The biggest obstacles to achieving a consistent, easy to understand definition are that quality evaluations are performed using different protocols to ther target brewing methods used by coffee drinkers - the important people who actually end up buying the stuff we stress over 24/7.
Coffee is scored and graded using roast profiles that are not suited to consumption - the coffee is lightly roasted to test for defects. When it scores 83 or greater SCAA points (some argue that 80 is the benchmark, but I disagree), only then is it deemed worthy to be called Specialty grade.
We contend that certain defects may not appear at such light roast depths, such as that used by scoring and cupping and we know full well from our experiences that some high scoring coffees do not actually translate into well performing coffees for the average coffee drinker. You roast them for the consumer to drink and they don't taste like coffee !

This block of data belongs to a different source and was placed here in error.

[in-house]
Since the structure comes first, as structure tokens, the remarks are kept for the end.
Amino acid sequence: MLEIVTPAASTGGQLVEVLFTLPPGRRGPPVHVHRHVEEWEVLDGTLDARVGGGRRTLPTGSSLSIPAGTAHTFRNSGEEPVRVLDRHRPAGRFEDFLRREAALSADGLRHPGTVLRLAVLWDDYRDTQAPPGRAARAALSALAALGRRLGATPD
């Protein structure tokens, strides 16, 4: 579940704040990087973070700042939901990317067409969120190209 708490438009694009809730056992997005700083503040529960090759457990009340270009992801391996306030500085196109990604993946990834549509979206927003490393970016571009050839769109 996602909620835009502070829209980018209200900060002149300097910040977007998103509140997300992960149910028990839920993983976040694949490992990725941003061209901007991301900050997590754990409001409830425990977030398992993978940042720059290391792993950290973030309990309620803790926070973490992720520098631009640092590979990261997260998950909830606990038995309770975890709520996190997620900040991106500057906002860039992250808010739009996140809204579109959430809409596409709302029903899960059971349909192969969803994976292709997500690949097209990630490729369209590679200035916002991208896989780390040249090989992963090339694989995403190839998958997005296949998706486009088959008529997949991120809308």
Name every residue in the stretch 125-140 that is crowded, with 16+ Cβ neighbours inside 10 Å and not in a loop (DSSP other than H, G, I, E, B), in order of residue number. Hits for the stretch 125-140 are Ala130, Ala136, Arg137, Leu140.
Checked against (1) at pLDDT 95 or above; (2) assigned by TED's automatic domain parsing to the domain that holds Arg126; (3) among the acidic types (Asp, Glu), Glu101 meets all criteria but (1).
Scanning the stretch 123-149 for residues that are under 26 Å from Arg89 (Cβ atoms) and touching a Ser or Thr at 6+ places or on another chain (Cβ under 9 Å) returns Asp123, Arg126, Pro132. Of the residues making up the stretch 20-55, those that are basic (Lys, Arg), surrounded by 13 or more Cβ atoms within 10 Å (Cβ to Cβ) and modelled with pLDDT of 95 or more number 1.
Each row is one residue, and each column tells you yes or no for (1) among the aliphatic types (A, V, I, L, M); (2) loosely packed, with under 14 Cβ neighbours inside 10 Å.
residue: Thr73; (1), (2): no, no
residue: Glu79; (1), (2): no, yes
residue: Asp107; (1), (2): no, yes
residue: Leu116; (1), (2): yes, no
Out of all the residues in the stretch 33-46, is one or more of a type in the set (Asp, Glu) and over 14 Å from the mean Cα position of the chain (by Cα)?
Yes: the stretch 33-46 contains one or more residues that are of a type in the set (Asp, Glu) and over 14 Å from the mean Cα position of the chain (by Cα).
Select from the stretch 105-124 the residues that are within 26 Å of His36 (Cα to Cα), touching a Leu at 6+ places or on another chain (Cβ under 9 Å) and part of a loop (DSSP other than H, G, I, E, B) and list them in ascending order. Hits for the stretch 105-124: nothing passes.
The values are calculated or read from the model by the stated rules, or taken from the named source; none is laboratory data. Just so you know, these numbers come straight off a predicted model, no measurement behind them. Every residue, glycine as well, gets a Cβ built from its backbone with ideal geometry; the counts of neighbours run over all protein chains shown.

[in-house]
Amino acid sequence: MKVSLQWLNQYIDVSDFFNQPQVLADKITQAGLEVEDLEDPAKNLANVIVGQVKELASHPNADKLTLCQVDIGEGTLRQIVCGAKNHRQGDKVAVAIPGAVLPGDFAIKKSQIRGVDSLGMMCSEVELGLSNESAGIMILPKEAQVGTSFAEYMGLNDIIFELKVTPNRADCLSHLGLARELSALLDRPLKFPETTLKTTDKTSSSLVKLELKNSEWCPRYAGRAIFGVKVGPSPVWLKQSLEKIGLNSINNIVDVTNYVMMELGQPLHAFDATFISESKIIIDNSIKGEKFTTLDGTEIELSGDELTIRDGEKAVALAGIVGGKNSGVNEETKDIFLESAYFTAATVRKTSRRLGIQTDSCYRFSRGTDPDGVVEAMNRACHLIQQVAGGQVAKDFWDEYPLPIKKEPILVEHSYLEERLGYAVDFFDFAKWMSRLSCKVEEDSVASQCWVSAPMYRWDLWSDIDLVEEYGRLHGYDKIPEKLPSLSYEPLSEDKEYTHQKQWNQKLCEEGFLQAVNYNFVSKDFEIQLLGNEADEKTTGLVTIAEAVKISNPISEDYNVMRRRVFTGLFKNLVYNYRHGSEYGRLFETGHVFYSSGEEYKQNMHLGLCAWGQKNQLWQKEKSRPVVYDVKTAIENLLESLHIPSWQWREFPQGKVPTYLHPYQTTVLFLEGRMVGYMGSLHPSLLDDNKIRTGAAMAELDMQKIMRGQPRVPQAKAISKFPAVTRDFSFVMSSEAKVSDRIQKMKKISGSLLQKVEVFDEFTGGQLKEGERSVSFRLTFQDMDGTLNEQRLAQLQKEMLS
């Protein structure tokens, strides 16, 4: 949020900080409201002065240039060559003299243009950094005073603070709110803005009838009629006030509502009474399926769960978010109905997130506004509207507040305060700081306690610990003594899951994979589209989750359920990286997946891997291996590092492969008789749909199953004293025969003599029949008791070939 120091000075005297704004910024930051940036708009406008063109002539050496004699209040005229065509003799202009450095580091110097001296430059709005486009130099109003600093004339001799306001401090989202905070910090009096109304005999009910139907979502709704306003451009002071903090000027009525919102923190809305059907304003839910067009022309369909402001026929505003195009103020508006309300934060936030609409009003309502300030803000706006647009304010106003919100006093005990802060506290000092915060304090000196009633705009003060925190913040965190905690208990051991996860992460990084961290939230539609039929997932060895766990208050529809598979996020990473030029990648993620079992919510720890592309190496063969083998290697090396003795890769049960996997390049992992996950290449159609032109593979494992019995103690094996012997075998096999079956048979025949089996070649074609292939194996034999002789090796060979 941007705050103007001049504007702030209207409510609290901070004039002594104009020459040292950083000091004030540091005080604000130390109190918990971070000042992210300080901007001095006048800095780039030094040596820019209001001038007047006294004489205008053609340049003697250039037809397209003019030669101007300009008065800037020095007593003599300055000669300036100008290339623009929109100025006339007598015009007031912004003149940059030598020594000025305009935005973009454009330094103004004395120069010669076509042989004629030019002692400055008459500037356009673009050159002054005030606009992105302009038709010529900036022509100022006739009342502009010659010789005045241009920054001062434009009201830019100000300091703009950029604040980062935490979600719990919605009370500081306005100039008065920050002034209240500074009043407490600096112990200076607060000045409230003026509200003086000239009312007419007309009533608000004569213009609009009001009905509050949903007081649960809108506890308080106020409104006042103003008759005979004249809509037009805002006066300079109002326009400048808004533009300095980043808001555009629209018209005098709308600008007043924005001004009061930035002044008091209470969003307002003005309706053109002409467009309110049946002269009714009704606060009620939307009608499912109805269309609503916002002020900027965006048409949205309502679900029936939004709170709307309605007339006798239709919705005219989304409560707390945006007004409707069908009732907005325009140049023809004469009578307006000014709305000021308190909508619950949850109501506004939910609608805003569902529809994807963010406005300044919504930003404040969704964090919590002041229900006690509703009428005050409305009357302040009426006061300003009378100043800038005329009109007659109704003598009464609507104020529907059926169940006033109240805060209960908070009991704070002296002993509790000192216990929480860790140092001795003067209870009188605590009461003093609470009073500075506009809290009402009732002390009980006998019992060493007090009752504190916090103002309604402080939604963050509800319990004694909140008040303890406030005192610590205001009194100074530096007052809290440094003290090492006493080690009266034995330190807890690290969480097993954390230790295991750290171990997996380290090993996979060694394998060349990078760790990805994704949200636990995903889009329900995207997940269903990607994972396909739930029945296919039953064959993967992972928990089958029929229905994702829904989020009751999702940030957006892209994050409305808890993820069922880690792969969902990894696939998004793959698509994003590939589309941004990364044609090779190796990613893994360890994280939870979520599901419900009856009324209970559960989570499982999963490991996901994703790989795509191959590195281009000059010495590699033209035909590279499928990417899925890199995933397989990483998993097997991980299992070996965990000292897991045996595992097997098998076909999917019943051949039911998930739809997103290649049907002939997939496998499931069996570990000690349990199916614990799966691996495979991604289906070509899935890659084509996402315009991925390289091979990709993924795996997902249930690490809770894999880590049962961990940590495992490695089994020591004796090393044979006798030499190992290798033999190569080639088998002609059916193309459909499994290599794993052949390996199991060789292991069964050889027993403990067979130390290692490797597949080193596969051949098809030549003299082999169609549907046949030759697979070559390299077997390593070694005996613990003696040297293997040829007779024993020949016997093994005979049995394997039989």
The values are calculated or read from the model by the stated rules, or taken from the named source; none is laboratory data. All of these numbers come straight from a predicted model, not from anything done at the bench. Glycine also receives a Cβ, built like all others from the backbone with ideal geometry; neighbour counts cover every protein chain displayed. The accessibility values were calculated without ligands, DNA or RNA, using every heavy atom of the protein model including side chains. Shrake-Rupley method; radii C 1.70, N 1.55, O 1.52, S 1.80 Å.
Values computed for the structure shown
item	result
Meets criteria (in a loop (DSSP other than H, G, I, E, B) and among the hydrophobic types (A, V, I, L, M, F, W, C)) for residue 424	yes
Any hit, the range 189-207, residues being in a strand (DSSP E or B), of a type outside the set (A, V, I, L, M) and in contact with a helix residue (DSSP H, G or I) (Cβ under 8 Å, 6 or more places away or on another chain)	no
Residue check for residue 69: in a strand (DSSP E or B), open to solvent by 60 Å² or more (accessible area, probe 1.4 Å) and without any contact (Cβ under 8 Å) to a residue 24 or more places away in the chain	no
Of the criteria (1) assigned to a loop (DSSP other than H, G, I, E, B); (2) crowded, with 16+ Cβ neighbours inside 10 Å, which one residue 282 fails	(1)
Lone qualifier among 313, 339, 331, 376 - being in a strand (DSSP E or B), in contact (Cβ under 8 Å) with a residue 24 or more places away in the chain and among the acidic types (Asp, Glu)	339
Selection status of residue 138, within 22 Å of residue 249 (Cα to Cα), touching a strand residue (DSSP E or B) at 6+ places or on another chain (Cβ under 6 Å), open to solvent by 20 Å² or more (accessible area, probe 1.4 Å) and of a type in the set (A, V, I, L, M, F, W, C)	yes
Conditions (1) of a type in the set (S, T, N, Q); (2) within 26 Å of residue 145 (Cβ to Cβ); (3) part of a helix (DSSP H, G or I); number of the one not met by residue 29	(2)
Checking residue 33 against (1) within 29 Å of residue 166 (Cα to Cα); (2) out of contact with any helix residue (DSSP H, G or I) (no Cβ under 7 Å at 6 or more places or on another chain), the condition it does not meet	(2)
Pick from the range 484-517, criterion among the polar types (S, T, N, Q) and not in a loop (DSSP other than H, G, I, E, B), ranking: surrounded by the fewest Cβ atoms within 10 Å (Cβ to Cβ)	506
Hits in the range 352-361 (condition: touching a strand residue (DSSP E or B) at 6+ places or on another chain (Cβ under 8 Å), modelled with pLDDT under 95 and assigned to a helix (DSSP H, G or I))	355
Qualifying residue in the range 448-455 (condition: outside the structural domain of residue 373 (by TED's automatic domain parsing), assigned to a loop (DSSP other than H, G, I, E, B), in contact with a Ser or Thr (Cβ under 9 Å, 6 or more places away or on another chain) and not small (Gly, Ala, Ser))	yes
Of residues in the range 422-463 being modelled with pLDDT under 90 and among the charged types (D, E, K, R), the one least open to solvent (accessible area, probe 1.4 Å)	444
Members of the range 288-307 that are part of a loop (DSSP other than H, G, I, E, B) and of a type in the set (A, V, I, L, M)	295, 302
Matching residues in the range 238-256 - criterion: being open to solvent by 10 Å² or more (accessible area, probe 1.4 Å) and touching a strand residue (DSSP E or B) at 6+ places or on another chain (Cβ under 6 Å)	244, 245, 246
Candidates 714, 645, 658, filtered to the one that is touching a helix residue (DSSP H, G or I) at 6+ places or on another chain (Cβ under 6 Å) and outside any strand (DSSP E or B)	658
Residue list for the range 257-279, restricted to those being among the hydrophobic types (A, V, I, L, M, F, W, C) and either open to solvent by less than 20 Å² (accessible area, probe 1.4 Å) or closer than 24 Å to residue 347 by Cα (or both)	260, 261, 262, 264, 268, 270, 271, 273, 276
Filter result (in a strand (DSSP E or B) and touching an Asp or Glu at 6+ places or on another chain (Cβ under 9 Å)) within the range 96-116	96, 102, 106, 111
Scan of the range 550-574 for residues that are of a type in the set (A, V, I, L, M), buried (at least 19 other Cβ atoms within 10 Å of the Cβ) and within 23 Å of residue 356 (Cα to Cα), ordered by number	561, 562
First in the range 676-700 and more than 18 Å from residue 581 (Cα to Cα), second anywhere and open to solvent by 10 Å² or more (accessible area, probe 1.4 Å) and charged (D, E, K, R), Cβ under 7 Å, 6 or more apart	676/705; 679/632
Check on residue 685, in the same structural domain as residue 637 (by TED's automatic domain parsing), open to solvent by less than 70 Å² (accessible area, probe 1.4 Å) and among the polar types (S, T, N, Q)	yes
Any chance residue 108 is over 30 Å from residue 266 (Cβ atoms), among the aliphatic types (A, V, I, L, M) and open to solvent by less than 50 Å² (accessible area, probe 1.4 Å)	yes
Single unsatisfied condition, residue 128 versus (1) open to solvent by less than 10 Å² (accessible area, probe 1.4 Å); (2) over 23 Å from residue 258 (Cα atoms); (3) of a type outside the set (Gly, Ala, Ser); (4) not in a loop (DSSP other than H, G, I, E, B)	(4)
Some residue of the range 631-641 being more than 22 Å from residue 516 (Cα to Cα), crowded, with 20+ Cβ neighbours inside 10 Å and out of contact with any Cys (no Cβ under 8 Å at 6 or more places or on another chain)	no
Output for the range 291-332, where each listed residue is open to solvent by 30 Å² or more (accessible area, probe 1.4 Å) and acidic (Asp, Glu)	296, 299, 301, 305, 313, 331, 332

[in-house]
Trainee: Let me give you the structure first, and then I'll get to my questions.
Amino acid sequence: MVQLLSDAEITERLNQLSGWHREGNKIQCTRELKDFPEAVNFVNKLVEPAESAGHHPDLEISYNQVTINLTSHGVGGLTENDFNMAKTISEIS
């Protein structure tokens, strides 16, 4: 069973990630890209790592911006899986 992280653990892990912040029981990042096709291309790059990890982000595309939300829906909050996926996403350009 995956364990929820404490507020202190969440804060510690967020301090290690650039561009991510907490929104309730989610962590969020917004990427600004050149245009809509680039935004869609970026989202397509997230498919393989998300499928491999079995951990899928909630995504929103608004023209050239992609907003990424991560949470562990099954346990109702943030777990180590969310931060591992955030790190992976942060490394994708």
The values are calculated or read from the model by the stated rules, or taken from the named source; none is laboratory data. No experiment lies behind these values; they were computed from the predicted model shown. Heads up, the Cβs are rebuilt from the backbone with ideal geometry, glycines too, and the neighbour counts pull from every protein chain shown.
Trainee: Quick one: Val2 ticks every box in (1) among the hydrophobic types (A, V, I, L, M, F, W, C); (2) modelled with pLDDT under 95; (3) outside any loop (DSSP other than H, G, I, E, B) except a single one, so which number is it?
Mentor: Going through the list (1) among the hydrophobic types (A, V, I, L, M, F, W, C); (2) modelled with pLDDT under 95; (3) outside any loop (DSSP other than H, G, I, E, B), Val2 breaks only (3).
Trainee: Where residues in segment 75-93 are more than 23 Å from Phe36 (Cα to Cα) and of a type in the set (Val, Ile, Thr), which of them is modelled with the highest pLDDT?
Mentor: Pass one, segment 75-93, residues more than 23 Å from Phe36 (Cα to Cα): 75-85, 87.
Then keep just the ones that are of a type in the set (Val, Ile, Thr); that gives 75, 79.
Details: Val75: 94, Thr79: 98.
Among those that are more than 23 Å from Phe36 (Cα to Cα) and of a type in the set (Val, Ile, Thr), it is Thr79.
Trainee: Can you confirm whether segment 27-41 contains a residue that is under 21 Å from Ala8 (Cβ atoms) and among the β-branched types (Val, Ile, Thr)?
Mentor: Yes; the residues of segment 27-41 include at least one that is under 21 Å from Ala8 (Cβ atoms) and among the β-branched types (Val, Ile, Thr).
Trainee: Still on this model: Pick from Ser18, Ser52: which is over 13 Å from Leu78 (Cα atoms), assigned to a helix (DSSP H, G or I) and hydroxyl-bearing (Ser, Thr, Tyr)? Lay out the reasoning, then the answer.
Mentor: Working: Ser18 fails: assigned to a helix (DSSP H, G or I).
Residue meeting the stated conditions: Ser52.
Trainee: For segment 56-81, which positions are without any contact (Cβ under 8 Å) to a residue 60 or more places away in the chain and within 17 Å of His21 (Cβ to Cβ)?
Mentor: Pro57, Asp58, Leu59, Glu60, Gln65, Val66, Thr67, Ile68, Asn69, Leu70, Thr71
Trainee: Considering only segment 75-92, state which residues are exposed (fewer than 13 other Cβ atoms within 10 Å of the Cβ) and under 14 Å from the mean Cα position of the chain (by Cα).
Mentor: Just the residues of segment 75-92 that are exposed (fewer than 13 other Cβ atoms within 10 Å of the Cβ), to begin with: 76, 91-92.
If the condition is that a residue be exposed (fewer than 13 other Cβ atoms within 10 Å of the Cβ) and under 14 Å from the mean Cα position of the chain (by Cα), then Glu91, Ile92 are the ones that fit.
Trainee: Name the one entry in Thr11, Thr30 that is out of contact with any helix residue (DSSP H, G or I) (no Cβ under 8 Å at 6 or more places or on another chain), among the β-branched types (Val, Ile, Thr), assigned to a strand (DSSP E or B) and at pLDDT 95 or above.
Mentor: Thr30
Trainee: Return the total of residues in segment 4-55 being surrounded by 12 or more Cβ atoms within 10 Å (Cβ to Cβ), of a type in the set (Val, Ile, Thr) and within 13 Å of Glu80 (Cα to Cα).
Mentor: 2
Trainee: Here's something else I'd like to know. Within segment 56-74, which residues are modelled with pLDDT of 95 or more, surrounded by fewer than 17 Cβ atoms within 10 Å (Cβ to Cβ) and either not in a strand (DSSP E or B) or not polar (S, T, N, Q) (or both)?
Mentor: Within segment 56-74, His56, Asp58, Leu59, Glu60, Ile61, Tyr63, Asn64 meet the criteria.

Another obstacle to reaching a state of maturity in Specialty coffee is the huge number of variables involved with coffee - stuff that changes daily like seasonality, processing, transit, storage, volatility, etc. All these factors mean we as coffee roasters are continually adjusting and compensating for differences each day, week, month and season.
We also think there are no signs to a slowdown for innovation in the realm of alternate brewing. People are inventing all different ways to brew or extract coffee which in turn also drives changes to the profiles required to roast coffees.
All this "pushing of the boundaries" will keep Specialty coffee in a fluid state of change and no doubt consumers will be hoping that things start to stabilize so they can enjoy a degree of predictable consistency with their daily beverage.
I will finish with my own definition of Specialty Coffee.........
If you liked a particular coffee I prepared and you asked me reproduce it again in 6 months time ?
.........it's Specialty Coffee in all honesty, not possible !